There’s a line she has in the finale that doesn’t give too much away: “He's messing up, and trying again, and messing up again, and then getting things wrong, and then trying to make them right. That's what everyone does.” She’s describing, essentially, what it means to be a human. The way Bell delivers the line, I haven’t stopped thinking about it.

Anyway, Kristen Bell: Good. The Good Place finale: Great. Me: Emotionally devastated.  

Jennifer Lopez Inspires Me, Makes Me Tired

The only things certain in life are death, taxes, and me never shutting the hell up about Jennifer Lopez

We are still only 12 days into the new era—there was B.C. (Before Christ) and A.D. (Anno Domini); now there’s P.Lo. (Post-Jennifer Lopez’s Super Bowl Performance)—which means that people are still reeling from and properly processing the miracle that was her halftime show set

You may think I’m being ridiculous, but there was an actual crucifixion. This is our religion now:

In any case, this week Lopez shared a behind-the-scenes video revealing what her Sunday was like the day she changed history (performed at the Super Bowl). The video is inspiring. She’s so excited for herself after nailing her set that I nearly cried on her behalf. 

The mini-documentary begins 12 hours before her performance, when she goes to the gym. The gym. To be clear, Lopez’s halftime show performance was so athletic and physical that I took a week off from exercise because I was so winded from watching it.

In other J. Lo news, this is what she looked like at a party on Sunday instead of going to the Oscars, which snubbed her. The Academy doesn’t deserve her.

Jessica Simpson Is Serving!

Jessica Simpson has been promoting her new memoir this week, Open Book, in which the aughts pop diva also-ran turned fashion billionaire is bravely frank about her battle with alcoholism, being sexually abused as a child,  the body shaming she experienced throughout her career, and her relationship with Nick Lachey. Rarely are celebrities this frank about their experience in the spotlight.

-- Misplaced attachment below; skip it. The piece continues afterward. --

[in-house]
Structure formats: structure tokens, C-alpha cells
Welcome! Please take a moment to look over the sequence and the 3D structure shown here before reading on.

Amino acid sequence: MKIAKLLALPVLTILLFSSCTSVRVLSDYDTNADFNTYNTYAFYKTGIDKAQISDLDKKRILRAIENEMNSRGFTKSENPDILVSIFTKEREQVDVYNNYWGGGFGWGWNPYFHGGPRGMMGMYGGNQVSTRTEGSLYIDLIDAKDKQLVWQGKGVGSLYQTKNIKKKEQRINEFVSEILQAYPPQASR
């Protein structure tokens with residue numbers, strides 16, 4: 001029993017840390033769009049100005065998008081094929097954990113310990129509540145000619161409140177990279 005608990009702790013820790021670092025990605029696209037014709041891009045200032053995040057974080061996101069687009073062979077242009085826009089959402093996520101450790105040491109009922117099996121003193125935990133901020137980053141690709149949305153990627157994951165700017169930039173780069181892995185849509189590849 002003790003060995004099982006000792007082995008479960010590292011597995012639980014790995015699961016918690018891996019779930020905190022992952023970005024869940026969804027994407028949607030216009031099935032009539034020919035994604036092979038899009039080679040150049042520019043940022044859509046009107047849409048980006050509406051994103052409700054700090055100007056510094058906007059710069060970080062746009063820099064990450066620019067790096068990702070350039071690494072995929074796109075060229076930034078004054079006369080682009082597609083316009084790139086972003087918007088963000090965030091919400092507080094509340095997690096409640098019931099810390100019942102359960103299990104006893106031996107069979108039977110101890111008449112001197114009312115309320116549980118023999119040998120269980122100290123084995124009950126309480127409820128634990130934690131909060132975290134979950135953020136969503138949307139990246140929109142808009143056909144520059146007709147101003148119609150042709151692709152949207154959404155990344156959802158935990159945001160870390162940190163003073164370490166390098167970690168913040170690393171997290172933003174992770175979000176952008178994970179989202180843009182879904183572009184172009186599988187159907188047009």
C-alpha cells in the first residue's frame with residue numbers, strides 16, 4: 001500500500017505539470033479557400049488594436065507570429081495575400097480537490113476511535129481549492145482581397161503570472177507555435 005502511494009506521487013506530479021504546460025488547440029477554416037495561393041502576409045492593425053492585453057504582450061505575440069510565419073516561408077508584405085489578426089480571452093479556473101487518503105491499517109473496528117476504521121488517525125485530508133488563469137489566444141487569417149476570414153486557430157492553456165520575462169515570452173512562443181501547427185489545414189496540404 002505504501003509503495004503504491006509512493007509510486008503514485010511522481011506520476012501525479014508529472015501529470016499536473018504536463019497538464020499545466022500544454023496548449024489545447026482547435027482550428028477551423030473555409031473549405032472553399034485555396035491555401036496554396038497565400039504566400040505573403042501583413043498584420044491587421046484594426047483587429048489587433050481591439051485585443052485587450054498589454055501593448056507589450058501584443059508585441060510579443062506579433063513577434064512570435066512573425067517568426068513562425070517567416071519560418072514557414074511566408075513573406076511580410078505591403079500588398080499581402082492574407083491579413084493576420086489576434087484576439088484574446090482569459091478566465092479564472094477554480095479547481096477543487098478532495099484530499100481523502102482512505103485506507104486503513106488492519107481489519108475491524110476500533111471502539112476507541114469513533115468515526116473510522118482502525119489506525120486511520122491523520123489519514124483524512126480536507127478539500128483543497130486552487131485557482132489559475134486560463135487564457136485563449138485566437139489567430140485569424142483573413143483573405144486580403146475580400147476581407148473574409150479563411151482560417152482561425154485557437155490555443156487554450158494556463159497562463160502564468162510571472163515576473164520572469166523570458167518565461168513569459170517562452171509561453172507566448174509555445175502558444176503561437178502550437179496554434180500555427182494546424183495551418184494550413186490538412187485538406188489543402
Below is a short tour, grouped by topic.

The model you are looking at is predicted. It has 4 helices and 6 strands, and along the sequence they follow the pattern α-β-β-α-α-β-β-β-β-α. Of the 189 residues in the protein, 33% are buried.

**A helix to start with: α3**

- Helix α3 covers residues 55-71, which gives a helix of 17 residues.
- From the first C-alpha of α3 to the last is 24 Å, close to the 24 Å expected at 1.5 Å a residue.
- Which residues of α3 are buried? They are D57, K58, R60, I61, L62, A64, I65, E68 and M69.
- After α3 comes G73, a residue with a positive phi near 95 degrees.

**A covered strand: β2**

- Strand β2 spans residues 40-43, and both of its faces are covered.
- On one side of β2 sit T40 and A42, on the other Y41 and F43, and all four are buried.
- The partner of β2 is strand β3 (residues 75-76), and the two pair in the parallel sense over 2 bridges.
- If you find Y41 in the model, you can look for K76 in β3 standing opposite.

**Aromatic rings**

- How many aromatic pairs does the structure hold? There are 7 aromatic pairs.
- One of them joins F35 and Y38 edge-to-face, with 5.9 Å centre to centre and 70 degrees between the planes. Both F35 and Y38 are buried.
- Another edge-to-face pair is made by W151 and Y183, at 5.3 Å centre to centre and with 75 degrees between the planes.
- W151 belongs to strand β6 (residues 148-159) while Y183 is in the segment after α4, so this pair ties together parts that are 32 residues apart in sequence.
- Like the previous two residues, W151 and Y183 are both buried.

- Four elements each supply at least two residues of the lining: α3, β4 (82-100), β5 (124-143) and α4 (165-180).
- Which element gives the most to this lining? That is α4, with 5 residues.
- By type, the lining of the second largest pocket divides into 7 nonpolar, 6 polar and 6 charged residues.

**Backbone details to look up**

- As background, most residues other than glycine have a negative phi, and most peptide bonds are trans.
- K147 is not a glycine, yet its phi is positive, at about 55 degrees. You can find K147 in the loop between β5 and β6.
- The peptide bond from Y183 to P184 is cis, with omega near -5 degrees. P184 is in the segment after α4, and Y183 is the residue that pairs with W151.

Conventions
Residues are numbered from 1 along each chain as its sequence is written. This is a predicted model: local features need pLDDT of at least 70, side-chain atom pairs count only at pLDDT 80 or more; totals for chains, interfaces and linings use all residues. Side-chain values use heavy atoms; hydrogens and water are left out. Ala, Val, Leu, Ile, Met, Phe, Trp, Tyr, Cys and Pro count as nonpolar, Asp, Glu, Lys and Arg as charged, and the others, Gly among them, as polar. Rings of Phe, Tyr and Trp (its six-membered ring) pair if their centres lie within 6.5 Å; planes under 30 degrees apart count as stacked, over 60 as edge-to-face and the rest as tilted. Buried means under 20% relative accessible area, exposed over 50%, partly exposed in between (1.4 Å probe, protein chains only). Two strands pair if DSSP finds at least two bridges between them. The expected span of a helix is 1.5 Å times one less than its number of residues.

To mark the occasion, Simpson has transformed herself into a high-fashion international assassin: 

A Shocking “Best in Show” Revelation

The winner of the most important cultural contest of the week—not the Oscars, but the Westminster Dog Show—was Siba, a black standard poodle who triumphed over a fan-favorite golden retriever who mugged his way to the crowd’s affection. Basics. 

This week, Siba visited The Daily Beast’s office. She arrived five minutes after I left for an appointment. We cannot be in the same place at the same time because I am Siba, Siba is me. Clark Kent and Superpoodle, and just like in the comics, only a fool wouldn’t be able to see the resemblance.

I made this exact joke on Twitter already but I thought I was hilarious so I’m making it here again. 

What to watch this week: 

The Good Lord Bird: Ethan Hawke does no wrong. 

Extreme Makeover: Home Edition: It’s back and so is me crying every time they “move that bus!’

Zooey’s Extraordinary Playlist: Just delightful.

What to skip this week:

High Fidelity: “Why not?” shouldn’t be a reason to remake something.

To All the Boys: P.S. I Still Love You: Are we all finally acknowledging that Netflix’s rom-coms are terrible?